Dryness is a quality of impermeability. It is a barrier. Barriers repel and resist. When it comes to life, Fire and Earth are more impermeable than Water or Air. Life approaches Dryness as an obstacle. It’s for this reason that Dryness is a Protector.
Coldness is a quality of rest. It is a settlement. Settlements contract and remain. When it comes to life, Earth and Water are more settled than Air or Fire. Life approaches Coldness as a Settler. It’s for this reason that Coldness is a Settler.
Wetness is a quality of permeability. It is a channel. Channels sustain and cleanse. When it comes to life, Water and Air are more permeable than Fire or Earth. Life approaches Wetness as an aid. It’s for this reason that Wetness is a Healer.
Hotness is a quality of motion. It is a migration. Migrations expand and collide. When it comes to life, Air and Fire are more migratory than Earth or Water. Life approaches Hotness as a Migrator. It’s for this reason that Hotness is a Migrator.
These five elements and four qualities correspond to the life cycle of African people. The “Five Major Initation Rites in African Culture:” Rite of Birth, Adulthood, Marriage, Elderhood, and Ancestorship ritualize an African’s transformation from one element to another or the African’s embodiment of that element. For instance, the Rite of Birth welcomes the reproduction of the NWN. Until Initiation a child, male or female, embodies the NWN. Then the NWN initiates Puberty (through hormones) and the Rite of Adulthood facilitates the male child’s Fire Spirit and the female child’s Water Spirit. When Male and Female marry, the Rite of Marriage once more embraces the immortality and attributes of the NWN. As this couple matures together, the Fire Spirit becomes a Fire and Air Spirit; the Water Spirit becomes a Water and Earth Spirit. This is represented by the Rite of Elderhood. In the death of an Elder is the Rite of Ancestorship where the Elder returns to the NWN and both returns through the Rite of Birth and consults us through our communications with the NWN (thus immortality and prayer are solely for Africans.)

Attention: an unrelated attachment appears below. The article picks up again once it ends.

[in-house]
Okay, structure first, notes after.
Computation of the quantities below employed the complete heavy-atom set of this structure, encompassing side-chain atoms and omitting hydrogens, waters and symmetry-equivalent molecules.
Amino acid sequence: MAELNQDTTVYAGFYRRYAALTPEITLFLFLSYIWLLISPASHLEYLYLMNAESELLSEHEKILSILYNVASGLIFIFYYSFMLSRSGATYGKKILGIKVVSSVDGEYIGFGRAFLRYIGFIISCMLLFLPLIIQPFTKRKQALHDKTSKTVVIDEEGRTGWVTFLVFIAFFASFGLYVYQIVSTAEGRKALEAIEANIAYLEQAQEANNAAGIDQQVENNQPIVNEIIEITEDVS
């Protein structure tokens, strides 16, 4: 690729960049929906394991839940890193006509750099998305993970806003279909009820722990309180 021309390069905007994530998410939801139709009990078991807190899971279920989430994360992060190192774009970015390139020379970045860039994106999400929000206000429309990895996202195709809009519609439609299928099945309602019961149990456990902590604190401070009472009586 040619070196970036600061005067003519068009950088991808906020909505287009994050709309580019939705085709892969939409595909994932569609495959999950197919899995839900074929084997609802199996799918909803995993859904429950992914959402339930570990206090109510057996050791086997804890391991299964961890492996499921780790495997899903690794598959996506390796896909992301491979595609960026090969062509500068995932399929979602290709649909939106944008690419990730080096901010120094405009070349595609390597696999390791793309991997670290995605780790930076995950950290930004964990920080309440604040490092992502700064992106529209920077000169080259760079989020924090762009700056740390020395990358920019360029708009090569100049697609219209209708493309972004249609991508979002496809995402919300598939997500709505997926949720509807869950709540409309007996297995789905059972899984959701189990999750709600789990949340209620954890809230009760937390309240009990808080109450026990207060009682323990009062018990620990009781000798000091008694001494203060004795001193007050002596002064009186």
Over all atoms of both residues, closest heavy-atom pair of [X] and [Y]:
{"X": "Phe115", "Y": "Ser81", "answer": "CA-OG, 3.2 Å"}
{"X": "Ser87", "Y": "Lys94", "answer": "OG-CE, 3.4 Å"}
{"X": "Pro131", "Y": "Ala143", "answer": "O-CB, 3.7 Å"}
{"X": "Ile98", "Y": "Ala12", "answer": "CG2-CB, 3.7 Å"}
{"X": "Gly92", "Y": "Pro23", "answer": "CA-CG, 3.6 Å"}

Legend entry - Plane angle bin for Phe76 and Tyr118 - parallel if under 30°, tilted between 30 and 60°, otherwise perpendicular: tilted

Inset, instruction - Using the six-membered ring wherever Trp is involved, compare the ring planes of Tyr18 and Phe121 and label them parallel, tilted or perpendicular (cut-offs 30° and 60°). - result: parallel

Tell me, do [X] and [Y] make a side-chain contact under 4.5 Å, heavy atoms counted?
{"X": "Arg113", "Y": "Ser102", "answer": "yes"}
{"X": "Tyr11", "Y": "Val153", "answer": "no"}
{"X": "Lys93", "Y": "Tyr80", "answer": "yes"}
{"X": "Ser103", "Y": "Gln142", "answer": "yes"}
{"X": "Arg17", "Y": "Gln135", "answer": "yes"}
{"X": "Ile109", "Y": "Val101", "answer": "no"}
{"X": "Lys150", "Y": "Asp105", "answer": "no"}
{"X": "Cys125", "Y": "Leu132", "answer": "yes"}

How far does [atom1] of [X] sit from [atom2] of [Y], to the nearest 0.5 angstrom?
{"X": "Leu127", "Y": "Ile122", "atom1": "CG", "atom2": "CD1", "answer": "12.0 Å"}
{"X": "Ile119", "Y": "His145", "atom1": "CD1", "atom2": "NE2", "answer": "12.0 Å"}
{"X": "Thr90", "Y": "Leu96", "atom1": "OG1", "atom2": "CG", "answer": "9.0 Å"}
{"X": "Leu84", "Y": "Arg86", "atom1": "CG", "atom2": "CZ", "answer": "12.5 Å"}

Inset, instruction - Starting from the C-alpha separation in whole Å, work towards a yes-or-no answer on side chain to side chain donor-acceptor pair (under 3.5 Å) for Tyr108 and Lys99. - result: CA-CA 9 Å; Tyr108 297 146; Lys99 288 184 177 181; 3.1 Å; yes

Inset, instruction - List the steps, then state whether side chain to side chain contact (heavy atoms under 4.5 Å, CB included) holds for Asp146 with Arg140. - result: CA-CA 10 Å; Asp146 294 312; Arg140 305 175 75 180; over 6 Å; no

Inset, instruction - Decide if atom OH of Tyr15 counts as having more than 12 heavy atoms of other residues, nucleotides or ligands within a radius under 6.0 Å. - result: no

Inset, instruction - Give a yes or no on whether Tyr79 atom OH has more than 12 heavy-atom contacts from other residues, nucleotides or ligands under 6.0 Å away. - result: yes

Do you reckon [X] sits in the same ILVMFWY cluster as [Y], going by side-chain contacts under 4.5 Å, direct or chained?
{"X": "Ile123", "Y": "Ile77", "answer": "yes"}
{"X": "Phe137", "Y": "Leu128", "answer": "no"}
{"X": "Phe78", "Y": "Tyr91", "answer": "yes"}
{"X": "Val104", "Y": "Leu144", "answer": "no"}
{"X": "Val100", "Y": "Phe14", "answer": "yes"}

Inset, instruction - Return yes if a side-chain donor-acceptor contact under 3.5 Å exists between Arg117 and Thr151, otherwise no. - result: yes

So what is an elemental spirit? Part of why NWN is so permanent is because it is a healer-protector. The NWN heals and protects life, hence why in times of African Power, Africans normally lived pass 120 years. Today this life expectancy is evident in the adage “Black don’t crack.” Yet none of the elements are themselves “Healer-Protectors.” Fire and Earth are Protectors and Air and Water are Healers. In addition, Fire and Water are the Primary and Innate Elements of Men and Women respectively; whereas Air and Earth are the Secondary and Developed Elements of Men and Women respectively. This means Men are Primary Protectors and Secondary Healers and Women are Primary Healers and Secondary Protectors; further meaning Men and Women always Complement one another as NWN (Healer-Protectors.) Hence the garden analogy and its origin in the African Proverb, “There is to be protection of the women. Women are the flowers of the garden, men are the fence around them.”
In a Community, this Gender Balance also makes for a Harmonious Society. Chancellor Williams’ description of the Age-Grades in Africa inform how Younger Men and Women would be organized to Protect and Heal their Communities, then in Elderhood Men and Women are more indistinguishable. Chancellor Williams’ scholarship related the dividing age from child to teenager and from adult to elder as around 14 and 42. Though it varies, between 14 and 42 are the menstrual years of African Women. In some African cultures pre-menstrual women are referred to as “boys” and post-menstrual women are referred to as “Men.” This isn’t out of a patriarchal view of “Man as normal” inasmuch as it’s a recognition that menstrual blood is an opportunity for life and Woman is the life giver. In addition, African Cultures from the time of the Ancient’s and thereafter raised “the Earth Mother” to the highest authority. This is exemplified in Akan Culture today as well as the Ancient Nile Valley’s, where in the contendings of Heru and Set for the throne of KMT, Ra asked Tehuti to ask Neit who should be the new King as to say when Elders (Male and Female) can not find consensus, the Great Mother is consulted for the final decision.